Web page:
In what could result in a seismic shift of hundreds of billions of Medicaid dollars among managed care providers, the state has begun taking the steps necessary to re-procure Florida’s Medicaid managed care program.
The Agency for Health Care Administration (AHCA) released on Friday a five-page request for information (RFI) asking entities with experience in the Medicaid managed health care and Medicaid managed long-term care industries to provide AHCA with some innovative ideas and best practices to improve Medicaid for the patients who receive the care as well as the providers who render the services.
The agency may use the information it obtains from the RFI to develop the new contracts it will ink with providers following the completion of the third Medicaid procurement.
In its request, AHCA has asked potential vendors to respond to its inquiries by the close of business on June 3.
Vendors are being asked to provide information on 12 different areas of interest, ranging from achieving cost savings throughout the statewide Medicaid managed care program to maximizing home- and community-based placement and services through proactive aging-in-place strategies.
The document also shows that the agency wants to improve birth outcomes for mothers and infants through and beyond a 12-month postpartum coverage period as well as promote “sustainable economic self-sufficiency.”
Potential respondents can send questions regarding the request for information to the agency until 5 p.m. on May 13. The agency said it will respond to timely submitted inquiries and will post answers on the MyFloridaMarketPlace website by May 20.
“Respondents who reply to this RFI may be invited to present their ideas in-person to agency leadership,” the request for information published May 6 notes. “An invitation to present in person does not prohibit an entity from responding to any related subsequent solicitation.”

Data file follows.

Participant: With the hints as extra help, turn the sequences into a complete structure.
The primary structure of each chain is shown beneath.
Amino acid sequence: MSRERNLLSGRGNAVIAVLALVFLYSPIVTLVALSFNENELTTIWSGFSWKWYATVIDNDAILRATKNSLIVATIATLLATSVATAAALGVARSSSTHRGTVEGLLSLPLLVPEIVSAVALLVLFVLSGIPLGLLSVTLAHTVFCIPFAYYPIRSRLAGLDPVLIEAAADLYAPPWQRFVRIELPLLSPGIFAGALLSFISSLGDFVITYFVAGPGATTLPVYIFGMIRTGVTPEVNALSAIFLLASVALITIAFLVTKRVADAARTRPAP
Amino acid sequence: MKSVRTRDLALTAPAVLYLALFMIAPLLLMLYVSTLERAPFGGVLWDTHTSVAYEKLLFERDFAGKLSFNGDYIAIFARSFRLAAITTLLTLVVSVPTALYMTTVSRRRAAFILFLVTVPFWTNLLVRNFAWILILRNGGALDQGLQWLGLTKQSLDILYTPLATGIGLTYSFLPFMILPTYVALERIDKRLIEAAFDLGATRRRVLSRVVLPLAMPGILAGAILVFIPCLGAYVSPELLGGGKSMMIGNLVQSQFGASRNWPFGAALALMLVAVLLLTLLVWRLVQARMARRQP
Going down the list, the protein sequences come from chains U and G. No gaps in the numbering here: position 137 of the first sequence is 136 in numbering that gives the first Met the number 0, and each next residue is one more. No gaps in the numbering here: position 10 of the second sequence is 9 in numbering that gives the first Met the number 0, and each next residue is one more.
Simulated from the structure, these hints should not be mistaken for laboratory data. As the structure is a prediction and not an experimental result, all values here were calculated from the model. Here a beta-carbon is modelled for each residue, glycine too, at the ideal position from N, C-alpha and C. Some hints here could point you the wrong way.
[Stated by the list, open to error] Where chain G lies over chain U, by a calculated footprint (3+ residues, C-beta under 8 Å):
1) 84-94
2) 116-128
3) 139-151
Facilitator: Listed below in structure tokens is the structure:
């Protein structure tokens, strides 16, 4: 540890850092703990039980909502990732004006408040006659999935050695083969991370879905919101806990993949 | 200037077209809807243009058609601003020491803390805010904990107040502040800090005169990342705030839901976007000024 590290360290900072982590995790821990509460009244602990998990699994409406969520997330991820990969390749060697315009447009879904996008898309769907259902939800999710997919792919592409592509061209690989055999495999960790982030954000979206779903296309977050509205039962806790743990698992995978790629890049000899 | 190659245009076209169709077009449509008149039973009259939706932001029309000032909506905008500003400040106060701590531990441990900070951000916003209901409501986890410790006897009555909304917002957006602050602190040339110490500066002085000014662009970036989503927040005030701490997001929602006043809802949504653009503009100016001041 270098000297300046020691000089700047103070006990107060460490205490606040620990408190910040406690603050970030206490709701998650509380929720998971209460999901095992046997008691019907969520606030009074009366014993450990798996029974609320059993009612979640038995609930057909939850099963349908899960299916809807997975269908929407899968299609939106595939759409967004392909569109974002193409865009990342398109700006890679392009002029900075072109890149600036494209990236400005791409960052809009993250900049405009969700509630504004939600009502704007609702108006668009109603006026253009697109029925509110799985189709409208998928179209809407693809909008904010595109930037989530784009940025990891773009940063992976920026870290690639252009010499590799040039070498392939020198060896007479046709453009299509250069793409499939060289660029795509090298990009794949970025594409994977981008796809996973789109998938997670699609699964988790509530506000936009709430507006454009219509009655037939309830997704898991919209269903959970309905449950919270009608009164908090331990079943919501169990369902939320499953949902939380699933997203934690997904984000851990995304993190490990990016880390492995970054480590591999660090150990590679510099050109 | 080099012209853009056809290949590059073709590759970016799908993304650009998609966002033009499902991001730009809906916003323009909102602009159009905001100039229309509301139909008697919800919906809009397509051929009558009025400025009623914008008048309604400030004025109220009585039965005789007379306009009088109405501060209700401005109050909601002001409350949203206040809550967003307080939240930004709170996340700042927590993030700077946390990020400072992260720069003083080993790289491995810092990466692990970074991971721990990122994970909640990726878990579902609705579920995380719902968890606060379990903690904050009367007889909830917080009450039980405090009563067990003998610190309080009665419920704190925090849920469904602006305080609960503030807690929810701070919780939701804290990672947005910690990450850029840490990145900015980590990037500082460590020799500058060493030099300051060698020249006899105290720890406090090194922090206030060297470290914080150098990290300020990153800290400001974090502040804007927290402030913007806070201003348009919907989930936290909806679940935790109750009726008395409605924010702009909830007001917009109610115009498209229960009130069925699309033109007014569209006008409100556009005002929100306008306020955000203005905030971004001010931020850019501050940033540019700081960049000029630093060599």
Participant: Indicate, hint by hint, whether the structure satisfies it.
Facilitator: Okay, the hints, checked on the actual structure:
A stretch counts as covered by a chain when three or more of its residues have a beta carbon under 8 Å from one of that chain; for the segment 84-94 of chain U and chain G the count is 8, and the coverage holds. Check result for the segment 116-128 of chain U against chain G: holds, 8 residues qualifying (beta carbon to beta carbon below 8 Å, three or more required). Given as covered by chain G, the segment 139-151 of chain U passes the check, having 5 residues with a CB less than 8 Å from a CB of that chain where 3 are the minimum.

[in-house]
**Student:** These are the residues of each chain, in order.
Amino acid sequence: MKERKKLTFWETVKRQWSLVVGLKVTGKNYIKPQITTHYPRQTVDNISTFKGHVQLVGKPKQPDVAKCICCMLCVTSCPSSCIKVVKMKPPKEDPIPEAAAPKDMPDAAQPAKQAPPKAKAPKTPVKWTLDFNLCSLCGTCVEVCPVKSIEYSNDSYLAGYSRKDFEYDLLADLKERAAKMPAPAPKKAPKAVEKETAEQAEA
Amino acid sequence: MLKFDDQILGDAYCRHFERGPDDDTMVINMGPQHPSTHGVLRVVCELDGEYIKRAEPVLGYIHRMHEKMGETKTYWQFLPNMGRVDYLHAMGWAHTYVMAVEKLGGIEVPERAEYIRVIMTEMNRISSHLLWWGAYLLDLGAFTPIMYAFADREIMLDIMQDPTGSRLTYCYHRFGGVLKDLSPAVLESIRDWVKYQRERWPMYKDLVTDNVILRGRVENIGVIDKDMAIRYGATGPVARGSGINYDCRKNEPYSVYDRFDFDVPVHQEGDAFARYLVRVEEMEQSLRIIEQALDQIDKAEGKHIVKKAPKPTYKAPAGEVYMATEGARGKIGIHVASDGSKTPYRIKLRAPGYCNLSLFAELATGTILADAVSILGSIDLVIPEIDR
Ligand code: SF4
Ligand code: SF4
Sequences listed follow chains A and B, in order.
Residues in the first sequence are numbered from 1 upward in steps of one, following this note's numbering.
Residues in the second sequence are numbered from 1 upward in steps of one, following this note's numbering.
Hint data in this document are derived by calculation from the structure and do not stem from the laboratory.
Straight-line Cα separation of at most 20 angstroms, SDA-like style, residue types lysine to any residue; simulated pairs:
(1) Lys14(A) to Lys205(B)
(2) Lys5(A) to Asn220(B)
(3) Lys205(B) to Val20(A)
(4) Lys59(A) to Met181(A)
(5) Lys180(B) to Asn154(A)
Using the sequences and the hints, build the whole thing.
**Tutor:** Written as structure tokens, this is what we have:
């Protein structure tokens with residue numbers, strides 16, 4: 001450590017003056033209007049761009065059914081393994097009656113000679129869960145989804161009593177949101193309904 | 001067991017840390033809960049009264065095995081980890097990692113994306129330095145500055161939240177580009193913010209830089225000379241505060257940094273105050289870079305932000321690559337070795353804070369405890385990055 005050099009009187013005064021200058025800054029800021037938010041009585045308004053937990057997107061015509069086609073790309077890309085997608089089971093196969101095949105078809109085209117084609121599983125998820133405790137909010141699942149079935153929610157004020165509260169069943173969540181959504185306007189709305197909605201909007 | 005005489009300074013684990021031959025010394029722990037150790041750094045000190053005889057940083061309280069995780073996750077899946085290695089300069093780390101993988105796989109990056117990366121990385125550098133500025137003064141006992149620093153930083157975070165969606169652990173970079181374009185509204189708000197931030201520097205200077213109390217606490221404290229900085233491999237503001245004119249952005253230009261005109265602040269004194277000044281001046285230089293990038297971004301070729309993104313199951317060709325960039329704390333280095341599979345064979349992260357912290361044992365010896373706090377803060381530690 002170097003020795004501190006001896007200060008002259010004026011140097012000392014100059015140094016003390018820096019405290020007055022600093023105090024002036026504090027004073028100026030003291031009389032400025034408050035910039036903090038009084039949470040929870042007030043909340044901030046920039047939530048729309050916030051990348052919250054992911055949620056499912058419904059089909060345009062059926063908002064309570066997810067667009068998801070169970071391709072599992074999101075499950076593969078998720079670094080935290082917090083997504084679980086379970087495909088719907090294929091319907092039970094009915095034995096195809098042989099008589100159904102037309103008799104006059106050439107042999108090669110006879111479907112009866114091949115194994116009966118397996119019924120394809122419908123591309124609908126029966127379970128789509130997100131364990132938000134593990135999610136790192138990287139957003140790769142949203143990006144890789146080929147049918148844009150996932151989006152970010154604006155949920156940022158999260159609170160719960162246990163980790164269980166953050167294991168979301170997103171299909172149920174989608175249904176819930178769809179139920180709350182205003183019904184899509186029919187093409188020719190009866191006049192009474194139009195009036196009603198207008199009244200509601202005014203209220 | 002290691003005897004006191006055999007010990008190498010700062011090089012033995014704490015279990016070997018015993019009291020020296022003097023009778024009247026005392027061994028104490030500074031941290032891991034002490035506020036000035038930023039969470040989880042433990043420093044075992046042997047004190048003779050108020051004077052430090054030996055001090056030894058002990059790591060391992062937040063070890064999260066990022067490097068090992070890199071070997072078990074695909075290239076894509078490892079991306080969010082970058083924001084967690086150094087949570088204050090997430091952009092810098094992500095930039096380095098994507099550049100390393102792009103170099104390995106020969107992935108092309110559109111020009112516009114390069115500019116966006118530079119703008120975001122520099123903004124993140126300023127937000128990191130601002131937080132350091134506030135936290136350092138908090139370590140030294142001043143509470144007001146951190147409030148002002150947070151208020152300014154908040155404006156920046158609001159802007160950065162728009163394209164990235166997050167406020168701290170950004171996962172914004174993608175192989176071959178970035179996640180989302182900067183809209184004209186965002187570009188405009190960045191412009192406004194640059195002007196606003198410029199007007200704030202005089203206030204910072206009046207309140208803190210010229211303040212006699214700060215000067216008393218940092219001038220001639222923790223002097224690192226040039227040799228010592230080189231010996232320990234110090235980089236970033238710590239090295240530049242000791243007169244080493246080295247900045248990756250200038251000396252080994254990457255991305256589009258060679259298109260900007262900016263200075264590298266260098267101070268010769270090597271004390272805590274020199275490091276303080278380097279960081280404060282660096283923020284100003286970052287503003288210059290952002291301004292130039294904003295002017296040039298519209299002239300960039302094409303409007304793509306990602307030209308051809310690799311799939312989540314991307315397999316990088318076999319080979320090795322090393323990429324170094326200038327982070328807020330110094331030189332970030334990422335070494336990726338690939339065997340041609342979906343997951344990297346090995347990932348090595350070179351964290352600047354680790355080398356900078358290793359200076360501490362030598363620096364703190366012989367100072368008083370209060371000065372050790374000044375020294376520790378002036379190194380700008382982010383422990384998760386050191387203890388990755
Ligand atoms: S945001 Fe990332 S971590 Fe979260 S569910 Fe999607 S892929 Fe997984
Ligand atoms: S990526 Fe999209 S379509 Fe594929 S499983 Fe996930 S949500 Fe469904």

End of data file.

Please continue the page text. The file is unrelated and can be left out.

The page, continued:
AHCA launched the Medicaid managed long-term care program in 2013. The Medicaid managed medical assistance program, which provides services to women and children, followed in 2014.
The request for information released Friday indicates that the next procurement cycle is scheduled to begin sometime between October and December.
The statewide Medicaid managed care contracts are the largest contracts in the state. For the most part, only Medicaid managed care plans that competitively bid to provide services and submit a winning proposal can provide health care services in the statewide Medicaid managed care program.
Because most Medicaid services are provided through the managed care program and not through the fee-for-service program, the contracts are worth tens of billions for the winning Medicaid managed care plans.
The state’s mandatory Medicaid managed care law was nearly a decade old and AHCA officials pushed the Legislature in the 2022 Session to embrace changes they said would make the upcoming procurement administratively easier. To that end, lawmakers agreed to eliminate a requirement that the agency issue separate Medicaid bids in each Medicaid managed care region.
Additionally, lawmakers agreed to reduce the number of Medicaid regions from 11 to nine.
According to the document, the agency will determine “if a meeting with respondents is necessary” to clarify information the state received in the request for information. It’s not clear though that the agency would publicly notify any meeting it decides to have with the health plans following the request for information.
“In the event that the Agency decides to hold a meeting, the Respondent(s) will be notified via email,” the request for information reads.